Handmade pizza cutter dual rotary slicing blades mated to dark wood gunstock like frame with fixed laser line projector in brass tube. 1917
Lot 1011 Circa 1917-1920
This item is described as the only known example from from the early 20th Century of a double rotary-blade slicer used for cutting Sicilian-style pizza.
The unique width-adjustable, twin-blade configuration coupled with a dorsal-mounted, trigger-activated light-beam cutting guide is a matchless example of purpose-built culinary equipment from any era.
This slicer is attributed to the estate of Giuseppe Tomasi di Lampedusa an Italian writer and the last Prince of Lampedusa.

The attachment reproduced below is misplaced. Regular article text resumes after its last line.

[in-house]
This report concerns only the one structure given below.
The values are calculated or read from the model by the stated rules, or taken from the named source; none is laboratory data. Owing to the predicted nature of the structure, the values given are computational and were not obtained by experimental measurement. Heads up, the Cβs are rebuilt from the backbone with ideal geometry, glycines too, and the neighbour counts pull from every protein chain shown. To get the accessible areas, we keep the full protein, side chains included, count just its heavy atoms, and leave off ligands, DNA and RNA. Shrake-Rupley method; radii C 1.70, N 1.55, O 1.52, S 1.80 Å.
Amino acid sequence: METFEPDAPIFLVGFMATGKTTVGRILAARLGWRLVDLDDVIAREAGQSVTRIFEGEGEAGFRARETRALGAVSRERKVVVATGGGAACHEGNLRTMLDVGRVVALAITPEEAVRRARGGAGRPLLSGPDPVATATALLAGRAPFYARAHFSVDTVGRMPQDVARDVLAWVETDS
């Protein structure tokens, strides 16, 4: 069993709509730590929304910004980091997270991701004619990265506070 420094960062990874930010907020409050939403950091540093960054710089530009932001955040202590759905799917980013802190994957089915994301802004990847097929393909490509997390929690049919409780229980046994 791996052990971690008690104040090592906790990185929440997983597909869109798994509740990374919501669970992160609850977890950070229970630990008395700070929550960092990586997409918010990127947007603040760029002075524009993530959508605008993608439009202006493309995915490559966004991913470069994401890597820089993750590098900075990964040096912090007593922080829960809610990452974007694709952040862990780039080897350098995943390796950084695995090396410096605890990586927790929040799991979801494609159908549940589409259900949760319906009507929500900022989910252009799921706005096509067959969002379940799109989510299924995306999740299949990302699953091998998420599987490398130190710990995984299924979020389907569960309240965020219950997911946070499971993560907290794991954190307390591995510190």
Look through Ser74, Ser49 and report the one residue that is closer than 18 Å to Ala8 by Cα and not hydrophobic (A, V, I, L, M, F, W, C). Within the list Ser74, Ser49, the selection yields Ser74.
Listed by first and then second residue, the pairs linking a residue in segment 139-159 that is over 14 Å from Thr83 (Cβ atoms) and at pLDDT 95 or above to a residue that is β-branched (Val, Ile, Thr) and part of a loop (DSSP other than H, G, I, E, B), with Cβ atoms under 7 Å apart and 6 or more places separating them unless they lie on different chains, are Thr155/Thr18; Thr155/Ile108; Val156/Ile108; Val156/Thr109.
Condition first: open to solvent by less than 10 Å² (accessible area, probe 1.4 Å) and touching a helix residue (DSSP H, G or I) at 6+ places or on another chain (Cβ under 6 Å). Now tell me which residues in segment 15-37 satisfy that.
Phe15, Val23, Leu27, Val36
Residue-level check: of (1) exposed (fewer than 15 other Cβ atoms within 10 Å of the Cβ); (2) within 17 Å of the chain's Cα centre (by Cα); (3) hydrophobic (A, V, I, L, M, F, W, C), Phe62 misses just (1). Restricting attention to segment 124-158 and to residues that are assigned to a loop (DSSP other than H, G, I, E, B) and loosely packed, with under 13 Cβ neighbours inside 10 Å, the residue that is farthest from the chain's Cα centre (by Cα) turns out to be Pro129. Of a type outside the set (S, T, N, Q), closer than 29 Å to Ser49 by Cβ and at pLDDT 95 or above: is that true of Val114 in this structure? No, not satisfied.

Giuseppe is best known for his only novel, Il Gattopardo (The Leopard) set in his native Sicily and ranked by some critics as one of the most important novels in modern Italian literature.
His novel contains detailed descriptions of the violence associated with this region and references the “lupara”, a type of sawed-off, break-action shotgun frequently used in local clan vendettas, and particularly favored by Sicilian gangsters.
Guiseppe, would have seen this distinctive weapon slung across the backs of "enforcers" as they lunched on their favorite scfincione at the local pizzeria.
It is believed that the compact form of the lupara influenced the design of this unique implement.